Botswana – Kasane and Chobe

March 2015

The highlight of all my holidays last year was the two days I spent on safari in Etosha wildlife park in Namibia.  I decided I’d love to do more safari one day.  I happened to read a magazine article where a wildlife photographer said that the Chobe river is the best place for taking photos – and so the decision was made: I would visit the Chobe river one day.  And even more recently, I remembered to stop saying ‘one day’ and start doing, so I looked into booking this safari.


There are a lot of tours available with set itineraries.  I was quite keen to do one of these as a group, but there was always something not quite right – like camping with ‘bush ablutions’ or the itinerary included two days at Victoria Falls (too long for me) or the dates/budget were not ideal.  I came across Safari Specialists and made an enquiry about one of their set itineraries.  Sadly, the dates were not perfect, but the lady who contacted me, Nadine, started asking questions about what I wanted and what kind of budget I had.  I wasn’t really interested in booking things separately and I wasn’t sure I’d get what I want for the budget I was looking at.  As she was asking though, I told her, and she started putting some potential itineraries together and said she could change anything.  And so my itinerary began to take form!  We settled on the following:

4 nights at the Old House in Kasane, Botswana (including breakfast and some game drives)

1 night at the Rainbow Hotel in Victoria Falls, Zimbabwe (including breakfast)

3 nights at Sable Sands in Hwange National Park, Zimbabwe (all inclusive – meals and game drives)

Correspondence with Nadine was friendly and efficient, and she was always encouraging me to get the itinerary exactly how I wanted it.  I asked many questions and switched things around and everything was OK with her!  I recommend them highly:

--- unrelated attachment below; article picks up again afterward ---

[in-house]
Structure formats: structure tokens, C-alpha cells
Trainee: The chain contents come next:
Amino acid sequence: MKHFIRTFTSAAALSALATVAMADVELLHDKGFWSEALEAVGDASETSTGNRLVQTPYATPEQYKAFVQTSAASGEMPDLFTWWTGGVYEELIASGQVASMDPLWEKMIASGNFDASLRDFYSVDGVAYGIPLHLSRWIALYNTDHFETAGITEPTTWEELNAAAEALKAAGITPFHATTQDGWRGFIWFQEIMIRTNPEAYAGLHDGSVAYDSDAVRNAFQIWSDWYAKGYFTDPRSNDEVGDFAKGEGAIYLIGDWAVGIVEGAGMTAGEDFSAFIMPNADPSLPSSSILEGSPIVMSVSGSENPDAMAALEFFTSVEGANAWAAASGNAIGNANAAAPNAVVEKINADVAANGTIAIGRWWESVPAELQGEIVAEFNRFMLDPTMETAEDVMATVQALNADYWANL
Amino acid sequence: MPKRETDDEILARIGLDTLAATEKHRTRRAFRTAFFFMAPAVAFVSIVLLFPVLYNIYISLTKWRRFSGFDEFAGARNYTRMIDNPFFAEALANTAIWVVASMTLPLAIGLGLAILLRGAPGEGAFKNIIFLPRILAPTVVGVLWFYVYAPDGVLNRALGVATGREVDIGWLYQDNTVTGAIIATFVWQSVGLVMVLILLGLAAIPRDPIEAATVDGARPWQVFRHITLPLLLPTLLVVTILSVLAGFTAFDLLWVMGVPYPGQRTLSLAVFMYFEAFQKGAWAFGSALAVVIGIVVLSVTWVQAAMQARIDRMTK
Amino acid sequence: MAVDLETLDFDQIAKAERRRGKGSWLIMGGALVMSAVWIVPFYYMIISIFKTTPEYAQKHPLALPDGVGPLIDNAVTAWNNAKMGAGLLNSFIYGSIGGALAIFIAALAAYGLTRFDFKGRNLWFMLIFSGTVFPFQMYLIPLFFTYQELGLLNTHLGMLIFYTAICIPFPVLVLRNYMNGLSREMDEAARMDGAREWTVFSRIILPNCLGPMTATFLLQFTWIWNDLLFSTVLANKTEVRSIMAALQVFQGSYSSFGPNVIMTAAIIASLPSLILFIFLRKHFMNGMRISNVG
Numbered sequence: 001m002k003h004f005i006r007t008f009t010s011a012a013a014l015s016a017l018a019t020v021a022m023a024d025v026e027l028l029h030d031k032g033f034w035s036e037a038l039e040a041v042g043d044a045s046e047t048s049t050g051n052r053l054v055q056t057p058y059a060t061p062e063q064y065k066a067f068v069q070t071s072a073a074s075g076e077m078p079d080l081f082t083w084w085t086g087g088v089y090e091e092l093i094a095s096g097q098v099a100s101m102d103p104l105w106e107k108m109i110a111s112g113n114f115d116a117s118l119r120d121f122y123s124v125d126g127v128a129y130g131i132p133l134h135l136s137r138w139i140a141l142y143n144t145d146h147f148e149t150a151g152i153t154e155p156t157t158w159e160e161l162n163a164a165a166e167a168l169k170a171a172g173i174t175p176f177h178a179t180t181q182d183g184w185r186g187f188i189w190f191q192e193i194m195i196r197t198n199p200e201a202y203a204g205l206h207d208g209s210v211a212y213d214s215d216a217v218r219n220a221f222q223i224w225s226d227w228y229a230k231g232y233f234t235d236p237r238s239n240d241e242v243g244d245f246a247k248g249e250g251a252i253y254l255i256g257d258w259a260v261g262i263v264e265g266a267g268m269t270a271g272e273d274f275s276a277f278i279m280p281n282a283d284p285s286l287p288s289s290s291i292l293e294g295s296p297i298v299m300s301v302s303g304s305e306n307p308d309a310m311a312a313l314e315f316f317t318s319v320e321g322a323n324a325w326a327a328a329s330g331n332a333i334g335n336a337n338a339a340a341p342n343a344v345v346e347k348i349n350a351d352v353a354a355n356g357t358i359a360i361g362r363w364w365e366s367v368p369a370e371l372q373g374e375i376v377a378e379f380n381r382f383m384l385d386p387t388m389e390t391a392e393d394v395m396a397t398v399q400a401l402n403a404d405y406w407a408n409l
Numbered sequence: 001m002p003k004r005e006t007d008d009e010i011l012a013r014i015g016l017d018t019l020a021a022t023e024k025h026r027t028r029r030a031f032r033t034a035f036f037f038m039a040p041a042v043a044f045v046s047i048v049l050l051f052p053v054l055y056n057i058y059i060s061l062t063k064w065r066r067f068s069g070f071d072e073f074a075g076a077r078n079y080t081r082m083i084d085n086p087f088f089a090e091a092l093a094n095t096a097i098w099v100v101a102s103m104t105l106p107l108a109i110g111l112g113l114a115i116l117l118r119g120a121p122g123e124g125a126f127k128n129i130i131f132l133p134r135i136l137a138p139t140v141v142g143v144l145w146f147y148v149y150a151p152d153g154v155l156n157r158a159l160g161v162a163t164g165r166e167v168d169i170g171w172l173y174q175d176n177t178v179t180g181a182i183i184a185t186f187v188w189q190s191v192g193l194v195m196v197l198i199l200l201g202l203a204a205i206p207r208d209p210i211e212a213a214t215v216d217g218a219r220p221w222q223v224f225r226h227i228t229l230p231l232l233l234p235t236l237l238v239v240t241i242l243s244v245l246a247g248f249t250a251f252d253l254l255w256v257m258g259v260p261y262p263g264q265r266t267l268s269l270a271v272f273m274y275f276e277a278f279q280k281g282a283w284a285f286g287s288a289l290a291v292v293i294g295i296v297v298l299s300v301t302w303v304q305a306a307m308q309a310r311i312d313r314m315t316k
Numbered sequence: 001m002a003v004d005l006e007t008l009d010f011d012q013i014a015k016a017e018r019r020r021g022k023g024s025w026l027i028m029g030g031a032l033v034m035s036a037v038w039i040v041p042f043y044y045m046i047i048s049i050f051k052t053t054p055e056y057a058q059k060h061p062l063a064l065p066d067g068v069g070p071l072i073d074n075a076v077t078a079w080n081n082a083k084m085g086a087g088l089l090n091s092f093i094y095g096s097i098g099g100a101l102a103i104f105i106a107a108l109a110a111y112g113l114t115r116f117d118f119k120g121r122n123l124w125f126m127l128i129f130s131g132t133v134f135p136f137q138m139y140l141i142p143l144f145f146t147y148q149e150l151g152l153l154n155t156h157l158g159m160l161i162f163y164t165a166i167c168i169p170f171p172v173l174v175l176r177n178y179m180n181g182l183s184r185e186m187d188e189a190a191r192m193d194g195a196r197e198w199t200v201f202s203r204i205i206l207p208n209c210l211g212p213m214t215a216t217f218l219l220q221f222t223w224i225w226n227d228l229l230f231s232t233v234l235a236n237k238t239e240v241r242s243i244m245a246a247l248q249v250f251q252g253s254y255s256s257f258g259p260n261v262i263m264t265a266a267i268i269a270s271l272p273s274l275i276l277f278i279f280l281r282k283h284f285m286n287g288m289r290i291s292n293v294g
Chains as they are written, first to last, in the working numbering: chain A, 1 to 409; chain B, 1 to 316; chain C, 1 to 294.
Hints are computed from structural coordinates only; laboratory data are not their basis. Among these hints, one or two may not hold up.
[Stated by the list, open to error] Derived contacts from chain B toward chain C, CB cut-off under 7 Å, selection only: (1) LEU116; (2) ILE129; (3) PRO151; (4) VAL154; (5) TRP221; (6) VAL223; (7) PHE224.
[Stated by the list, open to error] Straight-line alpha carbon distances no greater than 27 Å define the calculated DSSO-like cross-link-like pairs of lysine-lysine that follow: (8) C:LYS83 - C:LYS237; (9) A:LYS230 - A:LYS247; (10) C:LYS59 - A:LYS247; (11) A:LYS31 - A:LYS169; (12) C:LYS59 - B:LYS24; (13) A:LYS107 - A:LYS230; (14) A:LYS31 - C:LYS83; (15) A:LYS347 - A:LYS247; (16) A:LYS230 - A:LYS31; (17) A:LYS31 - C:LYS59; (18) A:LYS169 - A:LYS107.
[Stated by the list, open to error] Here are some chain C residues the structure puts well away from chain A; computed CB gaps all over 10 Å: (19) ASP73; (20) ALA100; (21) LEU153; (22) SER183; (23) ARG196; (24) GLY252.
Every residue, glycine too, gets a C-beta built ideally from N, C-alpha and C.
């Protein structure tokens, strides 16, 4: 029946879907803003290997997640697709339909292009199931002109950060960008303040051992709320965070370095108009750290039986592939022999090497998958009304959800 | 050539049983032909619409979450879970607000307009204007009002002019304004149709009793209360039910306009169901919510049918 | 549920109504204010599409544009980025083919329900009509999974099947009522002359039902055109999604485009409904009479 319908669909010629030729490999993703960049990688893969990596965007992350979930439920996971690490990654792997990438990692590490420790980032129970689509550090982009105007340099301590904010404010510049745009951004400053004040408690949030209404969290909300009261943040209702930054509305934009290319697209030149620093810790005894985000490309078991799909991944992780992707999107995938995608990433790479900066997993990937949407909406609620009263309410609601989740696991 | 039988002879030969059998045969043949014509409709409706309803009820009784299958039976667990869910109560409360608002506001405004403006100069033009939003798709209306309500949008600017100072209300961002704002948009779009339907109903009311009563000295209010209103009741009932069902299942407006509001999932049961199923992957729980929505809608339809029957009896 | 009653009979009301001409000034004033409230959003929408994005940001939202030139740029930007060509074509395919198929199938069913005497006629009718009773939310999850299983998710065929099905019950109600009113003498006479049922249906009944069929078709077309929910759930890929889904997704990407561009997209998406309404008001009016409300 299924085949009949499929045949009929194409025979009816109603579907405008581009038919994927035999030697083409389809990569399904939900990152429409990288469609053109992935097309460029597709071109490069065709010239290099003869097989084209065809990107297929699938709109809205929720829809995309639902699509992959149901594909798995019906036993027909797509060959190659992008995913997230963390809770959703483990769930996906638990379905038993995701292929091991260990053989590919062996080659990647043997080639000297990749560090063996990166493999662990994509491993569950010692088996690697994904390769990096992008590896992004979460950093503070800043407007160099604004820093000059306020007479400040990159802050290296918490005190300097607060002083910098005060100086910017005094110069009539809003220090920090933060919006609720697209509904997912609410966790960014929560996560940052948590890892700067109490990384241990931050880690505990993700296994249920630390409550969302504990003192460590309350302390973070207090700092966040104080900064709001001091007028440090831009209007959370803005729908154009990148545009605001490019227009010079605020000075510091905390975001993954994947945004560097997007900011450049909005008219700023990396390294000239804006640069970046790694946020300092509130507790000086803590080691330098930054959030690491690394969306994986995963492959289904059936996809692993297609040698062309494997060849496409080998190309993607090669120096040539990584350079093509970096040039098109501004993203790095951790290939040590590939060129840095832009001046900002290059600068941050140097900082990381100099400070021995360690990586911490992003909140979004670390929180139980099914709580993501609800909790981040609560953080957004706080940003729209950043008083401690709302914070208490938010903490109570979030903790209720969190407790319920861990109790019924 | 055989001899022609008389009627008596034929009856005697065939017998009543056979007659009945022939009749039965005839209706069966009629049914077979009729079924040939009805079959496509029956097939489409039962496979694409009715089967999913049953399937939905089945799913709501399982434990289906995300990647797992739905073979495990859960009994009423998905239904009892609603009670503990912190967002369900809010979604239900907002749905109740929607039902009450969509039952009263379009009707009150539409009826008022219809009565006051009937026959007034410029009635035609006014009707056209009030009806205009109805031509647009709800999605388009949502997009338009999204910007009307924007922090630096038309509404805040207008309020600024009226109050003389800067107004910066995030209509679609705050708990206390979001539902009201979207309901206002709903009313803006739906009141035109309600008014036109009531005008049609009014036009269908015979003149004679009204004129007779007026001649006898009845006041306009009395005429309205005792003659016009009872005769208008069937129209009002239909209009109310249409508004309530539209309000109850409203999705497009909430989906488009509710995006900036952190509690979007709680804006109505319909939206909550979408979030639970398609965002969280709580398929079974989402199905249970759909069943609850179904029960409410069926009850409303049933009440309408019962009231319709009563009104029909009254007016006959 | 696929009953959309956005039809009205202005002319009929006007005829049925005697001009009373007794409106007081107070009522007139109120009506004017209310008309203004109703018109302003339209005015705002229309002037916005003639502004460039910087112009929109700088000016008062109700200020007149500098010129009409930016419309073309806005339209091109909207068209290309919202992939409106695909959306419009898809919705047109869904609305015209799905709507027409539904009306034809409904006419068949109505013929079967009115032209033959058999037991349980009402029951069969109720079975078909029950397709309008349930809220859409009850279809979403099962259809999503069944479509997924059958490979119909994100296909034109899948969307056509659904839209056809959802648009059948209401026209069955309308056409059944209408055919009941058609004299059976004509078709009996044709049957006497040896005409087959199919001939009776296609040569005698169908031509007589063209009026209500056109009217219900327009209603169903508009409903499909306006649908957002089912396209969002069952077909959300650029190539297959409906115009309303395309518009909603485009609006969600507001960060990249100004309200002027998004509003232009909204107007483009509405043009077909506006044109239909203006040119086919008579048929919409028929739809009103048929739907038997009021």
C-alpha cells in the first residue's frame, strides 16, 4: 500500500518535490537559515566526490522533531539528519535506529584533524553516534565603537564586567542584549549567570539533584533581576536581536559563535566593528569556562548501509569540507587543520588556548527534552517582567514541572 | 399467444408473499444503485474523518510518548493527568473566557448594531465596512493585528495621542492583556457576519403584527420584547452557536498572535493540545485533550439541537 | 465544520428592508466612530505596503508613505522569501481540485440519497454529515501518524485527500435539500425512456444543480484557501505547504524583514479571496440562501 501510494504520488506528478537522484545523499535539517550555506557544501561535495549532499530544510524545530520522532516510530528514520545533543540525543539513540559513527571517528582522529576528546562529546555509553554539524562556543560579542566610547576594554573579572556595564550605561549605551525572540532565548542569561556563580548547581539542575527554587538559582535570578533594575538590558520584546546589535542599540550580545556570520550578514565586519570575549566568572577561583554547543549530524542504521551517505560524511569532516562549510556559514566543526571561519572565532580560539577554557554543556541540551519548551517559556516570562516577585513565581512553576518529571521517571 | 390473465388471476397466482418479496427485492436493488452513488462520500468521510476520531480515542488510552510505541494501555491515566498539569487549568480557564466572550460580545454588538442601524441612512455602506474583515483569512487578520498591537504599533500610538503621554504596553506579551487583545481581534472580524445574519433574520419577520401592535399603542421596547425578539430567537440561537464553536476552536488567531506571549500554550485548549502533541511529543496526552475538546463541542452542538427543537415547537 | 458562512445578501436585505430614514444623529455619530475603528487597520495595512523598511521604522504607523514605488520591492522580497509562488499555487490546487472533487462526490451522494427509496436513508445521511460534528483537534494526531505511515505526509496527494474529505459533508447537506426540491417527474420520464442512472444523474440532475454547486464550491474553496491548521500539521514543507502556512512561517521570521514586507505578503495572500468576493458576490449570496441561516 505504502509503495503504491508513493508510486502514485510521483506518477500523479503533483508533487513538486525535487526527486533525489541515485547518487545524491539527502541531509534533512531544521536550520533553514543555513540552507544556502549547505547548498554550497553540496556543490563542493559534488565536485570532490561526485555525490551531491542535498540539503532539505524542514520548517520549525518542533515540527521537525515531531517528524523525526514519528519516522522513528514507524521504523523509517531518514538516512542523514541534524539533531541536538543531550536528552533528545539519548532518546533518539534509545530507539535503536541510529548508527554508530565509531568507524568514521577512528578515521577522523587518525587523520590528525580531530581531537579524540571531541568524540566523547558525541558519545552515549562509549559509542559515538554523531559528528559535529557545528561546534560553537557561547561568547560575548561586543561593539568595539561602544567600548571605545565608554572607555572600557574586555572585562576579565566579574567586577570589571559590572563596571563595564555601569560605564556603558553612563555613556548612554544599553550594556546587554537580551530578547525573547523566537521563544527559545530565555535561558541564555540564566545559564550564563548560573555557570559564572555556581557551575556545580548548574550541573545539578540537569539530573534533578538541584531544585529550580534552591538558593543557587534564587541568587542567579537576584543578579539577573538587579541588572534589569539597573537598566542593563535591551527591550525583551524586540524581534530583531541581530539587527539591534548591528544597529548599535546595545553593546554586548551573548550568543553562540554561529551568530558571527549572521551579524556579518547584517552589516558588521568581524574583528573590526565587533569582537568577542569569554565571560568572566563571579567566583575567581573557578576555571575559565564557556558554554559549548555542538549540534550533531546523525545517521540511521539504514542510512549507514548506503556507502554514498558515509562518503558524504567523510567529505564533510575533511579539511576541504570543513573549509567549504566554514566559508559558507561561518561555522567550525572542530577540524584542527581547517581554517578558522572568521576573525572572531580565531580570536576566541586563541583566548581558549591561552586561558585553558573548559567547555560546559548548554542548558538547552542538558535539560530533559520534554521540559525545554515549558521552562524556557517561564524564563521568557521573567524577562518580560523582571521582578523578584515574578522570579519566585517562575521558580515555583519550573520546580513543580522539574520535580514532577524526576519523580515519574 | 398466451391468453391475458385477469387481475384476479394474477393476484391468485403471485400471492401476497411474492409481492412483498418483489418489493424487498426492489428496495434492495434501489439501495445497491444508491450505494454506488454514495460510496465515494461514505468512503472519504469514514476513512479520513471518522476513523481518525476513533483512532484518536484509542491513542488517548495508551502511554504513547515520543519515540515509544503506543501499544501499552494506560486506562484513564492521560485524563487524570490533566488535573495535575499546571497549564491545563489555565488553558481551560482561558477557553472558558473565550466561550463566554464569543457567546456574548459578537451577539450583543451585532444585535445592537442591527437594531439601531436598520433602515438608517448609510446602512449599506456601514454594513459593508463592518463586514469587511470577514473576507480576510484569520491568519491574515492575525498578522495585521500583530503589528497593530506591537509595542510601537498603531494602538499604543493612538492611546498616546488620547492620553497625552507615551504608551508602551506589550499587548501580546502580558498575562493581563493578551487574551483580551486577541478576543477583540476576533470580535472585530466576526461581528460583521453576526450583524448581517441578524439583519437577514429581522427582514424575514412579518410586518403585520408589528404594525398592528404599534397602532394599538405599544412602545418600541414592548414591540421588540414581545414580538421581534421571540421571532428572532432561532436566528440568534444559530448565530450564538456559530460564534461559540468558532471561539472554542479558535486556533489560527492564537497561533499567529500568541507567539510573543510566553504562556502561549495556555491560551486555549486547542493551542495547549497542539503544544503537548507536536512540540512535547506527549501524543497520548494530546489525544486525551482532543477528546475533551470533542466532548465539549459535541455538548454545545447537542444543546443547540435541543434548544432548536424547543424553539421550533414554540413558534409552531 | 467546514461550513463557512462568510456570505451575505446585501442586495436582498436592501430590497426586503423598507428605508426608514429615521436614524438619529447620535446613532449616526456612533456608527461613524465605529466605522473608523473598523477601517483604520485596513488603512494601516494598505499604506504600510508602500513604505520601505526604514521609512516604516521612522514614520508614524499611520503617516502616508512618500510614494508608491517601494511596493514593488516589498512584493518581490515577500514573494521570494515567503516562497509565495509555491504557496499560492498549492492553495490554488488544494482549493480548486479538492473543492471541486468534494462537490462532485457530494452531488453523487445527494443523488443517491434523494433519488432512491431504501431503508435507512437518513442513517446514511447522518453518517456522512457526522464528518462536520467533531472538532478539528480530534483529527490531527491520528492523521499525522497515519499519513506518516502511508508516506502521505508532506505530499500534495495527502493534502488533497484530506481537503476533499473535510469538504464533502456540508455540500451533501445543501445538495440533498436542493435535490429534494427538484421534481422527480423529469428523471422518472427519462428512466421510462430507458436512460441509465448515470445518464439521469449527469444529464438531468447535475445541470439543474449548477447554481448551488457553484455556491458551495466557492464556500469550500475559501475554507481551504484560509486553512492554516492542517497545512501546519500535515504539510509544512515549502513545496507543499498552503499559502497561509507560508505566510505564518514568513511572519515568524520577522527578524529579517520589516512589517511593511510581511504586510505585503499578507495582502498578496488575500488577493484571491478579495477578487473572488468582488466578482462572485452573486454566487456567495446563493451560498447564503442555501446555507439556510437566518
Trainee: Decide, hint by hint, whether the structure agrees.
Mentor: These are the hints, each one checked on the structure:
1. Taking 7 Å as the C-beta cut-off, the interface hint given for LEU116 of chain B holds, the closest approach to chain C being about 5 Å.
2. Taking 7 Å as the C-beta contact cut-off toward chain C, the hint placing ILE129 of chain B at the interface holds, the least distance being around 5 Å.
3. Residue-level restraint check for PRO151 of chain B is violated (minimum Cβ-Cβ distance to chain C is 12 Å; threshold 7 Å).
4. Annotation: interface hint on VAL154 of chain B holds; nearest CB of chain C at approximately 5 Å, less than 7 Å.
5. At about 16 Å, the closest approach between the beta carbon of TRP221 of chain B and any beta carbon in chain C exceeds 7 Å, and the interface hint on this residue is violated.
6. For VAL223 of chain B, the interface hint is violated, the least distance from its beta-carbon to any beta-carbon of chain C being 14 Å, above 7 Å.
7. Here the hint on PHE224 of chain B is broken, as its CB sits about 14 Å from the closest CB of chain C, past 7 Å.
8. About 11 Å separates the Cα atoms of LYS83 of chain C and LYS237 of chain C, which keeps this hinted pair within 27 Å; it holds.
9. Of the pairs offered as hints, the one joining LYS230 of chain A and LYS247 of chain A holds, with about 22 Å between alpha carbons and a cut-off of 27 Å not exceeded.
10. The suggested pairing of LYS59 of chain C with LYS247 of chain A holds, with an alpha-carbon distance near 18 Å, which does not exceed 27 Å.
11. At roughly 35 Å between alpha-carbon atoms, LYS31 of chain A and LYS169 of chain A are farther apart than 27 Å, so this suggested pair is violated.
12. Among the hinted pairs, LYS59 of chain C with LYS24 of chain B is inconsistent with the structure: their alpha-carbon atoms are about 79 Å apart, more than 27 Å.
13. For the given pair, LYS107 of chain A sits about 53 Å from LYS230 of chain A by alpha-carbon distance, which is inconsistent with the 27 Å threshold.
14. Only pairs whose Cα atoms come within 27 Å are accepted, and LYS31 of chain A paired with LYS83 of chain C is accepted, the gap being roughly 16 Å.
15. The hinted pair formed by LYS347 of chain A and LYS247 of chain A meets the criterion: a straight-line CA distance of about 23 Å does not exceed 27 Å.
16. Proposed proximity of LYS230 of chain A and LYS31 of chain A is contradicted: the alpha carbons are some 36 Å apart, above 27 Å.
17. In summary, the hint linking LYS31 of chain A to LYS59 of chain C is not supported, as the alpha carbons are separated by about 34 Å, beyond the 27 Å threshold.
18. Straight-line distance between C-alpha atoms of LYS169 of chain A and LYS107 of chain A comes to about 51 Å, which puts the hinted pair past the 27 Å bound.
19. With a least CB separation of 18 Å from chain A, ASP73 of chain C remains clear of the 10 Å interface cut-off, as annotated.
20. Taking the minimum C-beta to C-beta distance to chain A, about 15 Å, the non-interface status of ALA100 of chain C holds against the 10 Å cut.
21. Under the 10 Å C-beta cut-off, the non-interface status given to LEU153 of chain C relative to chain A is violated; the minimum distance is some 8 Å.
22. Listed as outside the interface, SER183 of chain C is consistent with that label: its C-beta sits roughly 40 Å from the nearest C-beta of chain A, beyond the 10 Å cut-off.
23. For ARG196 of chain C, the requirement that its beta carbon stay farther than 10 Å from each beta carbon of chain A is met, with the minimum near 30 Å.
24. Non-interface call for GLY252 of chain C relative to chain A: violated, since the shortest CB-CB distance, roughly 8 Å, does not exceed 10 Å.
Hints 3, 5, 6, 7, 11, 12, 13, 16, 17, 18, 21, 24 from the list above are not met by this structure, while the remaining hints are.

After finalising a plan, I booked my flights using Ebookers.  I booked this about five weeks before I was set to fly at the beginning of March.  The other advantage of booking through an agent was the peace of mind in having a set itinerary that includes transfers between all locations.  Particularly as a female travelling alone, it helped to know everything was sorted out so I was free to enjoy my holiday!

I took some Botswana Pula for Botswana and US dollars for Zimbabwe.  I also ordered a ‘South Africa’ plug adaptor from as I remembered from last year it was really tough trying to find this in UK airports or Namibia itself.  I did later discover they have them at Johannesburg airport for a significantly higher price.


London to Botswana

I took the tube to Heathrow airport for the flight to Kasane, Botswana via Johannesburg, South Africa.  I chose the option for a four hour stop over as opposed to the option for a one hour stop over – the latter is far too tight for my liking!  However, I do have a paranoia about missing flights so often arrive ridiculously early.

London to Johannesburg was about 11 hours, followed by a four hour stop over then Johannesberg to Kasane took about four hours.  My flight started at 6 pm in London on a Saturday and I arrived the following day at 1 pm local time.

Everything went fine, the South African Airways flight was fine – the meals were even OK!  One thing to note – I was going to buy some booze from Heathrow airport – they pointed out that it may get taken away at Johannesburg airport.  I rarely take connecting flights, so I had forgotten/didn’t realise this might be an issue.  So I didn’t buy any booze from London, and there WAS another security check at Johannesburg to take a connecting flight where they confiscated my bottle of water.  I would have been very upset if they had taken my booze away, so I’m glad I didn’t buy any!